• February 7, 2024 – How does precision livestock farming relate to swine health? Speaker: Dr. Talita Pilar Resende, OSU Extension
  • February 14, 2024 – Sprinkler Effects on Cooling Water Use, Litter Moisture, and Broiler House Environment. Speaker: Dr. Tom Tabler, UT Extension
  • February 21, 2024 – Benefits of Data collection at lambing using RFID and handheld recorders. Speaker: Dan Persons, Shearwell Data
  • February 28, 2024 – Activity and temperature monitoring systems for dairy calves, heifers, and cows, Speaker: Jason Hartschuh, OSU Extension
  • March 6, 2024 – Pen-side Diagnosis of BRD pathogen, Speaker: Mohit Verma, Purdue Extension

Fall is the perfect time to review the Phosphorus Loss Risk Assessment document for determining P application rates

Fall is a busy time of year for many of us involved in agriculture; from harvest to cover crop seeding, to wheat planting and fertilizer application, we have a ton of tasks to get done in a short window of time. But with the hectic nature of the season comes an opportunity to refresh ourselves with the recommendations for Phosphorus application rates. Continue reading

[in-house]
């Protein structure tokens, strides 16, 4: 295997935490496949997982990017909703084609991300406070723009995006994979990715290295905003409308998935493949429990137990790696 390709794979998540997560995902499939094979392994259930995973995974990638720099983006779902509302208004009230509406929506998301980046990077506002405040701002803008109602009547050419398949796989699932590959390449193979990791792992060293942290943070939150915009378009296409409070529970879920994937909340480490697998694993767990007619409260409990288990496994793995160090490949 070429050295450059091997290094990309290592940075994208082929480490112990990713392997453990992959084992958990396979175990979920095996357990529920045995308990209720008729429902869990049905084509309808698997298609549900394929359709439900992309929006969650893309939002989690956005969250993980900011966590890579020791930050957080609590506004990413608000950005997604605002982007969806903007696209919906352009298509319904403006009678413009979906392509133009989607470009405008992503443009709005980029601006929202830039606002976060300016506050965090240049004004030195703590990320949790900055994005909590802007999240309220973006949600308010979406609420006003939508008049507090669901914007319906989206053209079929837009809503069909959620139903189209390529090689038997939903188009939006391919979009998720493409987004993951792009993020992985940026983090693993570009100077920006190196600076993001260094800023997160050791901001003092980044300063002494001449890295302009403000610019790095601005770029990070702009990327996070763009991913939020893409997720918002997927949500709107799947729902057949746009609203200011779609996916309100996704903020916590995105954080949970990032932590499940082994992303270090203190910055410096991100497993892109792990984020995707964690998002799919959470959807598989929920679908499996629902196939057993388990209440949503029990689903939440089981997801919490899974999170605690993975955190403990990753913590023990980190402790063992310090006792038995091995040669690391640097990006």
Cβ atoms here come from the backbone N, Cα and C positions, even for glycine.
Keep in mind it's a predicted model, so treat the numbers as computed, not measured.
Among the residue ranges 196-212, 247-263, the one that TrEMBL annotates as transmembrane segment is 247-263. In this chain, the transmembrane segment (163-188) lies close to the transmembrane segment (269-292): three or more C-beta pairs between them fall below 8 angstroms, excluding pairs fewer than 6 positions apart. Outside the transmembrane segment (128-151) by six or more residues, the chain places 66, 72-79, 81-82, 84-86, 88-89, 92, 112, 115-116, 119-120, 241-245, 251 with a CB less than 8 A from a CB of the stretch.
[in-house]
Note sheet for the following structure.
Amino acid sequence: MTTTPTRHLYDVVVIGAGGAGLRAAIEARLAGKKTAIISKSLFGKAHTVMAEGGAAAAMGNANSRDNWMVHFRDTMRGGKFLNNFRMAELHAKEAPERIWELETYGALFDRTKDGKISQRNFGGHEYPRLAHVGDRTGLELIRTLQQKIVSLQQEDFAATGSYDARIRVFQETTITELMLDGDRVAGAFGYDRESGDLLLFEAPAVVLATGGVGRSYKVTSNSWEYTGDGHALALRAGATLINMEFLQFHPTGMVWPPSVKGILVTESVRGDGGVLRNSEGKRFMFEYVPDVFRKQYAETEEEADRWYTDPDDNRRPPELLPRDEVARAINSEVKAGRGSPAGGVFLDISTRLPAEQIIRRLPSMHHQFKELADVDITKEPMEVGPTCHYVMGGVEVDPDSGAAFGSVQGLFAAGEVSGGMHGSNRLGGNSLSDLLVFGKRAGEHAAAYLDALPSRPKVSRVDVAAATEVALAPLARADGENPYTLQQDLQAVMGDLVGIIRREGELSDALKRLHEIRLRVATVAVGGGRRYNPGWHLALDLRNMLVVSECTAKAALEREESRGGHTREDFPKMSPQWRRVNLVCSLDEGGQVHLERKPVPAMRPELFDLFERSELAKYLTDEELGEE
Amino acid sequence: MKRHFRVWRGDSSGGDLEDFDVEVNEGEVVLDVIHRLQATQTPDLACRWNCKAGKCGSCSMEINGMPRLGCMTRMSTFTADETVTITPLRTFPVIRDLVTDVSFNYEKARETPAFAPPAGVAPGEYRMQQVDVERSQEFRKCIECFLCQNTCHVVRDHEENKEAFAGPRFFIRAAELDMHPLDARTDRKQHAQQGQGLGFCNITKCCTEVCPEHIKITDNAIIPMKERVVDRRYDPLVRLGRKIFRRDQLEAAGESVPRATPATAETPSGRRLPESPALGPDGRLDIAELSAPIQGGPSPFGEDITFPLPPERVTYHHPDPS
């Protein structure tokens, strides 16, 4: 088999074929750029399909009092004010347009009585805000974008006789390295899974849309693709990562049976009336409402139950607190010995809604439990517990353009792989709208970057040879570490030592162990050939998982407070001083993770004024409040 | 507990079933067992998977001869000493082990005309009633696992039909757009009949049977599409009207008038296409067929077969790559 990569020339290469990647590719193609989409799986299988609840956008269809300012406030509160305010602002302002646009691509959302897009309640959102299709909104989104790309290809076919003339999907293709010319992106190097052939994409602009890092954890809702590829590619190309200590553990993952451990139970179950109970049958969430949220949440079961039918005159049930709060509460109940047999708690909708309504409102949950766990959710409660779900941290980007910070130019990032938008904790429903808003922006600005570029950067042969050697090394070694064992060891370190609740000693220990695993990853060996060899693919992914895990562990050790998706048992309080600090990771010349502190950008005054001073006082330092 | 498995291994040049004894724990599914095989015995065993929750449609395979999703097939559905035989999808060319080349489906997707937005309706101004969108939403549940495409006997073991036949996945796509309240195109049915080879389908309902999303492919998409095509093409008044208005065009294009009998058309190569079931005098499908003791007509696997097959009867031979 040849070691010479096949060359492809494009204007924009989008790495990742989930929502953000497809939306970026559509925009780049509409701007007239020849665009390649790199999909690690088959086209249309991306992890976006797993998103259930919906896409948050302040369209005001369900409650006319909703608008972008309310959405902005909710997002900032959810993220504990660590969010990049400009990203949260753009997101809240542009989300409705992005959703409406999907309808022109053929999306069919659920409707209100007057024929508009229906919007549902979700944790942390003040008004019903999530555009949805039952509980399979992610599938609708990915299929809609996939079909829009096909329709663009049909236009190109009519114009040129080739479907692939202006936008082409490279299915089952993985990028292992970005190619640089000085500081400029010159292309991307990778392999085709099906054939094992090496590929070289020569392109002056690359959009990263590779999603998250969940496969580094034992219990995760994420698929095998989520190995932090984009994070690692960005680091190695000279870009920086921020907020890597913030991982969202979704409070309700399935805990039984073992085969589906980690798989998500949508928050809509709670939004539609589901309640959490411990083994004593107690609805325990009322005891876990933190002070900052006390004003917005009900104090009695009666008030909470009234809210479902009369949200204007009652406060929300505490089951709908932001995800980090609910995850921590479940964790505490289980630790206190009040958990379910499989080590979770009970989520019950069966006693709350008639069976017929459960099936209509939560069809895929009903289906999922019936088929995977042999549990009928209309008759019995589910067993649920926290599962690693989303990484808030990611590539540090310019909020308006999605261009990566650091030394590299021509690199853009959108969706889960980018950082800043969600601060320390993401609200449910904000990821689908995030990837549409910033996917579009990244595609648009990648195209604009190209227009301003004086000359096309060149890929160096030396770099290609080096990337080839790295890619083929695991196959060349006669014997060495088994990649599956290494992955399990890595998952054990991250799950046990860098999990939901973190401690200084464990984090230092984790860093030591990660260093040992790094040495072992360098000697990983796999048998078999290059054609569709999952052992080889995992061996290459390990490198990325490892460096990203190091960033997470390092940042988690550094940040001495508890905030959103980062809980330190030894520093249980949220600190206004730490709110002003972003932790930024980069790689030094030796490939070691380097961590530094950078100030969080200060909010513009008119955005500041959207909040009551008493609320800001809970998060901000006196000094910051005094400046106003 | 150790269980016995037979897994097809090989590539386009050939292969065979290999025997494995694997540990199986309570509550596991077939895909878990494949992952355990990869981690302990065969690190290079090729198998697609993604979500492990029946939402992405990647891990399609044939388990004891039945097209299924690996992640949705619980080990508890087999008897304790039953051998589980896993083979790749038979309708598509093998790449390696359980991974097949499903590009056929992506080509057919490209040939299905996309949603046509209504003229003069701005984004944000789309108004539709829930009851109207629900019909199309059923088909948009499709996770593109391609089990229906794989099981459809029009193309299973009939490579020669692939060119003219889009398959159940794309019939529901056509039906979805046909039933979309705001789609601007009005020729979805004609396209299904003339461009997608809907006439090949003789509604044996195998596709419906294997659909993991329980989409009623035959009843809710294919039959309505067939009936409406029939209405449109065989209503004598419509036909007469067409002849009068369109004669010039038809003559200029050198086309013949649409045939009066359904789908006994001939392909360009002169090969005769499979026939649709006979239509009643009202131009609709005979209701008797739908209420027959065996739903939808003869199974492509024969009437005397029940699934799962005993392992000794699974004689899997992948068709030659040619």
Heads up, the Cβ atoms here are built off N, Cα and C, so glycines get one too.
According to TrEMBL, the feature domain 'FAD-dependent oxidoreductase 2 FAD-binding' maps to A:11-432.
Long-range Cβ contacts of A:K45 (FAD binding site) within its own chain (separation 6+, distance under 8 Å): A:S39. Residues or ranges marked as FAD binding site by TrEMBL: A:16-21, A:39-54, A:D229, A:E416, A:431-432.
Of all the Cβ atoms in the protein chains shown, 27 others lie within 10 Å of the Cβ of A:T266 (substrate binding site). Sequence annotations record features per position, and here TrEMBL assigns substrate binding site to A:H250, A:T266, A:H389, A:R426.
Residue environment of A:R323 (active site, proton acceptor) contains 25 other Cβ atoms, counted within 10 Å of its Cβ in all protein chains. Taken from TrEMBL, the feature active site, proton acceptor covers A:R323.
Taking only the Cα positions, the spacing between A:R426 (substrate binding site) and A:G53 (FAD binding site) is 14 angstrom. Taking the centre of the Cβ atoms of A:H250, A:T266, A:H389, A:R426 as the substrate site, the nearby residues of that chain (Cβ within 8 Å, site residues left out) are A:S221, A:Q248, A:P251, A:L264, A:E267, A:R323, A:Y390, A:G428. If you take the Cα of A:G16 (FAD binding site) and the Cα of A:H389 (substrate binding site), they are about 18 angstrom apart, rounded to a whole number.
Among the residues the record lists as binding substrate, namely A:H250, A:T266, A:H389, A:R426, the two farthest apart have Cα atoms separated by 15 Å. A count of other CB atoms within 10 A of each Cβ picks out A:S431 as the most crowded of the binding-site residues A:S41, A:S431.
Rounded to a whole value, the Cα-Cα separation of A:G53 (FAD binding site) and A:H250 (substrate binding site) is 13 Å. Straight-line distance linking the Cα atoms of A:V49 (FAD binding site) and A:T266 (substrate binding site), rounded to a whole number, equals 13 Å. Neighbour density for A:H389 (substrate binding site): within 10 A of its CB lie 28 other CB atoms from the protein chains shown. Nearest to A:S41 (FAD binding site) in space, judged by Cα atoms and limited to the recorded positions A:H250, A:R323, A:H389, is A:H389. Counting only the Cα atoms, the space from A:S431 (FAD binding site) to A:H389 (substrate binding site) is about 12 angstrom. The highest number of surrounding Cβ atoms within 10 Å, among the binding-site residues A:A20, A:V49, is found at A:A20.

Farm Science Review is just around the corner!

LONDON, Ohio – More than 50 companies will join the ranks as exhibitors for the 61st Farm Science Review Sept. 19-21 at the Molly Caren Agricultural Center. The new exhibitors represent various sectors in the agriculture industry including livestock handling, equipment advancements, agronomic technology, agricultural policy, and more.

Paulding County Extension Office has tickets for sale at a discounted price total of $10 per ticket. Tickets will be for sale until Monday, September 18 at noon. Continue reading

Manure Management & Field Spill Demonstrations – Local Opportunity

Tuesday, August 29, 2023

1:00 – 4:00 pm | Delphos, OH

Learn how to respond to a liquid manure spill through this live spill demonstration and presentations.

Continuing education credits for CLM (3) and CCA (3) certifications

 

Click here for details.

Certified Livestock Manager Webinar 4: A Summary of eBarnsOn-Farm Research – CLM Credits Offered